I have spent many Sunday mornings wondering what I would say if the minister pulled me aside just before the service was about to start to tell me she was unable to do the sermon. With only the benefit of a few minutes to read the assigned readings for the week, would I be able to deliver as a substitute preacher? What would I say and how would it play?
Oddly, perhaps, this is a challenge I would welcome, and my wish sort of came true one weekend. Our minister called me on a Saturday afternoon to ask me if I could step in the next day, as there was an illness in her family, and she needed to be at the hospital. Forgetting that I had to prepare for a major presentation at work on Monday, and somehow forgetting that we were hosting a group of teenage girls for dinner and a sleepover, I said “yes.”
I found myself sitting in the back row of the church when the service started. I was not participating in the music and prayers; I was scribbling notes on a pad of paper on which I had started writing an outline earlier that morning. I don’t remember much about what I said that morning, and since I seldom stick to my notes, it isn’t even recorded anywhere. But I do recall that the sermon started with these words: “one mile, 14 minutes.” That may seem unremarkable if you are a runner. But I was quoting a text message from someone who used to run half marathons at a much faster pace, so it must have had some special meaning…Yes, it was a text from my brother who had recently been through his second surgery for a brain tumor that he was not going to give in to.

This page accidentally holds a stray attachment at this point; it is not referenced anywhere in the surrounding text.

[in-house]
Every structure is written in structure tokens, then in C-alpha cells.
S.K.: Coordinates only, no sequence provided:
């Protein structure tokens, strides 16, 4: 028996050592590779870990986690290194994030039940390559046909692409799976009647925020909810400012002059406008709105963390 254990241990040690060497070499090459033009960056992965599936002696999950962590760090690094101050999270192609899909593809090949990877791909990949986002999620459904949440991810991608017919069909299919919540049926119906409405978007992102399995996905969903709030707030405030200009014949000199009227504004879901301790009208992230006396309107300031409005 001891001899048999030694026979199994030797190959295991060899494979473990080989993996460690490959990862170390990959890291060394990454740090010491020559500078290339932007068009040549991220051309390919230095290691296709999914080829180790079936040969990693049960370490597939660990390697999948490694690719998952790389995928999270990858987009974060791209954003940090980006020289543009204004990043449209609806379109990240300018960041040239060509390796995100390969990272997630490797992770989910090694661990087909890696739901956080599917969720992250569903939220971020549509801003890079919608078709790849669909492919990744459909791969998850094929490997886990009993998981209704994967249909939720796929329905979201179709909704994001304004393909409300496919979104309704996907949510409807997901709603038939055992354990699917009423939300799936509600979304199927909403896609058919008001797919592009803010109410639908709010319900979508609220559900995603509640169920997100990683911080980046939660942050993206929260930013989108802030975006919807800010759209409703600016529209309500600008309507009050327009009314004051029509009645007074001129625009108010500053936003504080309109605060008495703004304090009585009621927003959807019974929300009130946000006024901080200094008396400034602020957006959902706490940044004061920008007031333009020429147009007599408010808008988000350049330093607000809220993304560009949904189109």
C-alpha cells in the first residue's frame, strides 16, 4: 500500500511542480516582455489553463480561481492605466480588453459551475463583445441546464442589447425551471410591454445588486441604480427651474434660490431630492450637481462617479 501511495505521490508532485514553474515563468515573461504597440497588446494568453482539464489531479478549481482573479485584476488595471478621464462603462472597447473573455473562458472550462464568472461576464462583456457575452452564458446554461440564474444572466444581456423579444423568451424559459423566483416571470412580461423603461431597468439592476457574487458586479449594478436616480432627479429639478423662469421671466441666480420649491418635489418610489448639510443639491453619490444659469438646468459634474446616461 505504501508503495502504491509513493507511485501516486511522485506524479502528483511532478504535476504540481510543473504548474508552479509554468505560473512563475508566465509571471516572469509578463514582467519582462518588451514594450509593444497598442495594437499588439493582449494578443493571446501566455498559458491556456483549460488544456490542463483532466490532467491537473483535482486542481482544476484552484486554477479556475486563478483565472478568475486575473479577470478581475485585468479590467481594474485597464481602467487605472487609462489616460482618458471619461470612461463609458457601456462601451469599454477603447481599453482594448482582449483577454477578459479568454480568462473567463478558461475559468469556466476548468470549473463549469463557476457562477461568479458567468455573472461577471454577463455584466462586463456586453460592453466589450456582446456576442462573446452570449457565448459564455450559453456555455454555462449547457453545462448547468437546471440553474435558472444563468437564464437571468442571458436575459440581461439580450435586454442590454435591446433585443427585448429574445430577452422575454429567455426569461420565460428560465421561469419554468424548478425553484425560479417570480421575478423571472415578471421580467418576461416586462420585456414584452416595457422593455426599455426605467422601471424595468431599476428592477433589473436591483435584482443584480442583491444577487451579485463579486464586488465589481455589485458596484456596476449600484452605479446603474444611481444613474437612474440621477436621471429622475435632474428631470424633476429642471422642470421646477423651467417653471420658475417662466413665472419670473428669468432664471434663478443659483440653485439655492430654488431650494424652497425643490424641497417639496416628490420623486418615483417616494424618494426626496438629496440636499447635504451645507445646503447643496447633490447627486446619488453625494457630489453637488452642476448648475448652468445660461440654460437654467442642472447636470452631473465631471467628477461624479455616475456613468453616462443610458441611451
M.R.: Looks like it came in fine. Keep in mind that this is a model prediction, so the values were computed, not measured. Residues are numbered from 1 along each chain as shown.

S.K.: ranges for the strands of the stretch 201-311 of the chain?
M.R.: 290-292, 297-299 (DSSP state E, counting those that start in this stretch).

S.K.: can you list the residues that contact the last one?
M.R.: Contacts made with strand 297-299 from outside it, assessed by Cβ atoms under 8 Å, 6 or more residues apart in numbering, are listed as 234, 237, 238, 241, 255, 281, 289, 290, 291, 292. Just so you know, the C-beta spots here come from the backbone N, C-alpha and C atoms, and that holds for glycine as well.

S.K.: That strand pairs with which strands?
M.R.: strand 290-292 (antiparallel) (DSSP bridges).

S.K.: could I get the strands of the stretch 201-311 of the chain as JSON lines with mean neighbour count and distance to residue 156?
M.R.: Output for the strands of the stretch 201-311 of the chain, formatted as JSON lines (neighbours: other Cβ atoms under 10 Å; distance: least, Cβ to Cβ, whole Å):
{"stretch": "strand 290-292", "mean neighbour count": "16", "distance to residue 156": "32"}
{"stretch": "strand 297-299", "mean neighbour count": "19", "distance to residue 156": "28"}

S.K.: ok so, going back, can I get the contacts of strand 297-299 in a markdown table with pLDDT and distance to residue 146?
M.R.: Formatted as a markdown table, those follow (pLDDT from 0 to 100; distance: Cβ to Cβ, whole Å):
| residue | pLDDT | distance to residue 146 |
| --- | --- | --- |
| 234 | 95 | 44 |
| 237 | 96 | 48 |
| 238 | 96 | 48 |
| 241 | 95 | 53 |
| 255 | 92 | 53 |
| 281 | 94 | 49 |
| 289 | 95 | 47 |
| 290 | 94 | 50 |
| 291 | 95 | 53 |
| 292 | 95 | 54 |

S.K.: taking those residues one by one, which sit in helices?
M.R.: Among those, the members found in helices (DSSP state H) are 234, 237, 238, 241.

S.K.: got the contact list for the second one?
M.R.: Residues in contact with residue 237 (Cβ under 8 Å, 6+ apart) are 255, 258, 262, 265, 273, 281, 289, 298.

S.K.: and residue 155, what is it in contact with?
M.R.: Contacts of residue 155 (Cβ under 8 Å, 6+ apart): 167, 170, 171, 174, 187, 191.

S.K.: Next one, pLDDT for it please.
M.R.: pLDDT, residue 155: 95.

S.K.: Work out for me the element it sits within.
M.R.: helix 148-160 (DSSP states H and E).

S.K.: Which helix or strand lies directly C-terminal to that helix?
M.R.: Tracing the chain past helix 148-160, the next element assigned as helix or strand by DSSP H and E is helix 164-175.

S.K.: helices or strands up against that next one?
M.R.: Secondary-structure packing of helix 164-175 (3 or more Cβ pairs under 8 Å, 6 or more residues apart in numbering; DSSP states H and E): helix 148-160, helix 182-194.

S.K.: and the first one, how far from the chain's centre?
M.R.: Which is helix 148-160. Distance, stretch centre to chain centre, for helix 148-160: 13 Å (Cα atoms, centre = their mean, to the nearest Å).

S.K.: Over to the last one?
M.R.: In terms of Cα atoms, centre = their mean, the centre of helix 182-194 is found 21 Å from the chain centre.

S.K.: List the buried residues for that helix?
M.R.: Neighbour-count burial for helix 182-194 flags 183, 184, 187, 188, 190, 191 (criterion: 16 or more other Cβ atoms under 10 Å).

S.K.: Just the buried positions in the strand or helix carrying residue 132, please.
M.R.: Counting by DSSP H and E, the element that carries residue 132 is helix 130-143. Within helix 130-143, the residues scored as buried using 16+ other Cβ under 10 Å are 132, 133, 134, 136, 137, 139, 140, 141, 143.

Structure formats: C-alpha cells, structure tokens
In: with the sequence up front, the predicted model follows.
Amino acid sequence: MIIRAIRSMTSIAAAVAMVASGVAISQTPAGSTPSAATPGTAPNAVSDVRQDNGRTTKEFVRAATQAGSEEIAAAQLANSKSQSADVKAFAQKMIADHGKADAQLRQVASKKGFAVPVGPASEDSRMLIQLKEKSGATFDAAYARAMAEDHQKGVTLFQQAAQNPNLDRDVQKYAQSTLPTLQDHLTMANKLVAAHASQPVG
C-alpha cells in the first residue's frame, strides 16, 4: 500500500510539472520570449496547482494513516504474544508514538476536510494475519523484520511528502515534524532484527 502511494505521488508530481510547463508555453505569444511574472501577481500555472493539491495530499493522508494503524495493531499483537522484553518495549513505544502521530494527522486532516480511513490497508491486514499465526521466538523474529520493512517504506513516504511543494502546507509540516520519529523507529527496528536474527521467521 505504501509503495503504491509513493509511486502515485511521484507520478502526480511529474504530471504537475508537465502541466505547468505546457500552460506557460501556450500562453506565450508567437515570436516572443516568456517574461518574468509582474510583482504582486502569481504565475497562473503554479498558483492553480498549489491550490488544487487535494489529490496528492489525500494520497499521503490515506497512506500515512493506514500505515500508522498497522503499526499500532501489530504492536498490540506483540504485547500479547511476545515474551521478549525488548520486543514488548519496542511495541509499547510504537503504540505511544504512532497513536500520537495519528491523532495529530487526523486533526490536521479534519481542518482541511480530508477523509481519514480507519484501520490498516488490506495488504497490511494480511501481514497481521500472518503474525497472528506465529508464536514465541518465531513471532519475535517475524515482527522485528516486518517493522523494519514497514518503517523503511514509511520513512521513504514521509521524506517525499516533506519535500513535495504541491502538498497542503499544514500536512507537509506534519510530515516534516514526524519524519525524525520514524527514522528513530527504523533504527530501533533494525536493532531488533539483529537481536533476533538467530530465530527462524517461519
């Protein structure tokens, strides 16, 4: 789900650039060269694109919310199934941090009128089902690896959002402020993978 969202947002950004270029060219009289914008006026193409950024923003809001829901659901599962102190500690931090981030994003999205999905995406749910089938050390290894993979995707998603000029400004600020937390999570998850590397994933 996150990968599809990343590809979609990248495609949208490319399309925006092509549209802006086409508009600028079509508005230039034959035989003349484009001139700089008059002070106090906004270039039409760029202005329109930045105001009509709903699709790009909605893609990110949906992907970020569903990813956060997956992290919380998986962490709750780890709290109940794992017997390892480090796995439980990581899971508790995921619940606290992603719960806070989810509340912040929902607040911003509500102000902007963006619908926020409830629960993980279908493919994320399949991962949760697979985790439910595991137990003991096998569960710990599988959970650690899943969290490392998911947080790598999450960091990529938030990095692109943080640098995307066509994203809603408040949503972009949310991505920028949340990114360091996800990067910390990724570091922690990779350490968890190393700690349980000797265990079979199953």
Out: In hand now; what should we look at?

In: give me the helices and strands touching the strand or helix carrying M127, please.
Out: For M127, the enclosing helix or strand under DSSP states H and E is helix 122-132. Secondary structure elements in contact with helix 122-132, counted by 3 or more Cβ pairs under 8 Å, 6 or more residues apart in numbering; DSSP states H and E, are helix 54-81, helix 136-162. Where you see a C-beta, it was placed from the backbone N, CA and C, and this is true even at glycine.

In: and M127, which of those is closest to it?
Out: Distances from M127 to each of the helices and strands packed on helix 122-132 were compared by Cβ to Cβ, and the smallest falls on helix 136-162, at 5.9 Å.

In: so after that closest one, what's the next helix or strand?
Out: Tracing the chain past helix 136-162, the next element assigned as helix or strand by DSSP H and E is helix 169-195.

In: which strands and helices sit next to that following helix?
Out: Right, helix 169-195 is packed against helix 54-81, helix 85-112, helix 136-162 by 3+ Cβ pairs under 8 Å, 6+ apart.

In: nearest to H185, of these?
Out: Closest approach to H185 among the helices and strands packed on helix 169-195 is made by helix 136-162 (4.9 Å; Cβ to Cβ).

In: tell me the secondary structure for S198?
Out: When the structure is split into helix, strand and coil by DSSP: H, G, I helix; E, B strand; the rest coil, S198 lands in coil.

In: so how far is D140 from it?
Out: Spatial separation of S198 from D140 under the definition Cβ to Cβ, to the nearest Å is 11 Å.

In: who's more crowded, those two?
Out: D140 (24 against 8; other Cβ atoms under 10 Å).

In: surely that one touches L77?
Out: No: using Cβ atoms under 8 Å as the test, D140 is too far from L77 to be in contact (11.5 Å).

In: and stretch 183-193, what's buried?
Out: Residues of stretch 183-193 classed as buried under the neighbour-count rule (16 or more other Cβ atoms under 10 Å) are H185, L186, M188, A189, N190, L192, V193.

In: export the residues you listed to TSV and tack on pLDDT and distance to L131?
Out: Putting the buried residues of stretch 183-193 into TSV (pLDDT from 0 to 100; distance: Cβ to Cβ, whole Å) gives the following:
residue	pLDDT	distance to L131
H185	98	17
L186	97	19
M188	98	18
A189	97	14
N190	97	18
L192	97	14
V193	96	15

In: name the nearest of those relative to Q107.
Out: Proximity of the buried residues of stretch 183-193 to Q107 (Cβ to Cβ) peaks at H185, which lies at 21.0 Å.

So, who had the greater challenge – me, just talking about life and Spirit to a bunch of captive subjects, or my brother who was battling his way back to full health?
I guess “challenges” are relative. Every time my 22-year old son has to put on a coat or buckle a seat belt or go to the bathroom it is a struggle. Every time he has to form a sentence to communicate what he is thinking, it is a challenge. Thinking about how challenging life is for a person with special needs, makes my little challenge of preparing a last-minute-sermon seem pretty manageable. But why am I writing about challenges?
I had this sudden flash of the obvious – there are good challenges and bad challenges. The real issue is how we respond to a challenge, whether we are facing it or observing it. And that is where it gets interesting. It is almost always best to respond to a challenge we are facing with passion (one of my favorite words). And the best response when we observe someone facing a challenge is compassion. Two really beautiful words – passion and compassion….two very powerful tools in a world that is filled with challenges. Two words that could change the world if we could all just hold them in our consciousness, live them and encourage others to hold them dear.
These amazing words — Passion and Compassion — can be said differently as: Create and Appreciate. Battle and Support. Try and Help. Seek and Encourage. Love and Love Even More.
I am passionate about helping people through my speaking and writing. I feel very blessed. “For those to whom much is given, much is expected.” We all have been given gifts that are uniquely ours. How can we best use them? With passion, I hope.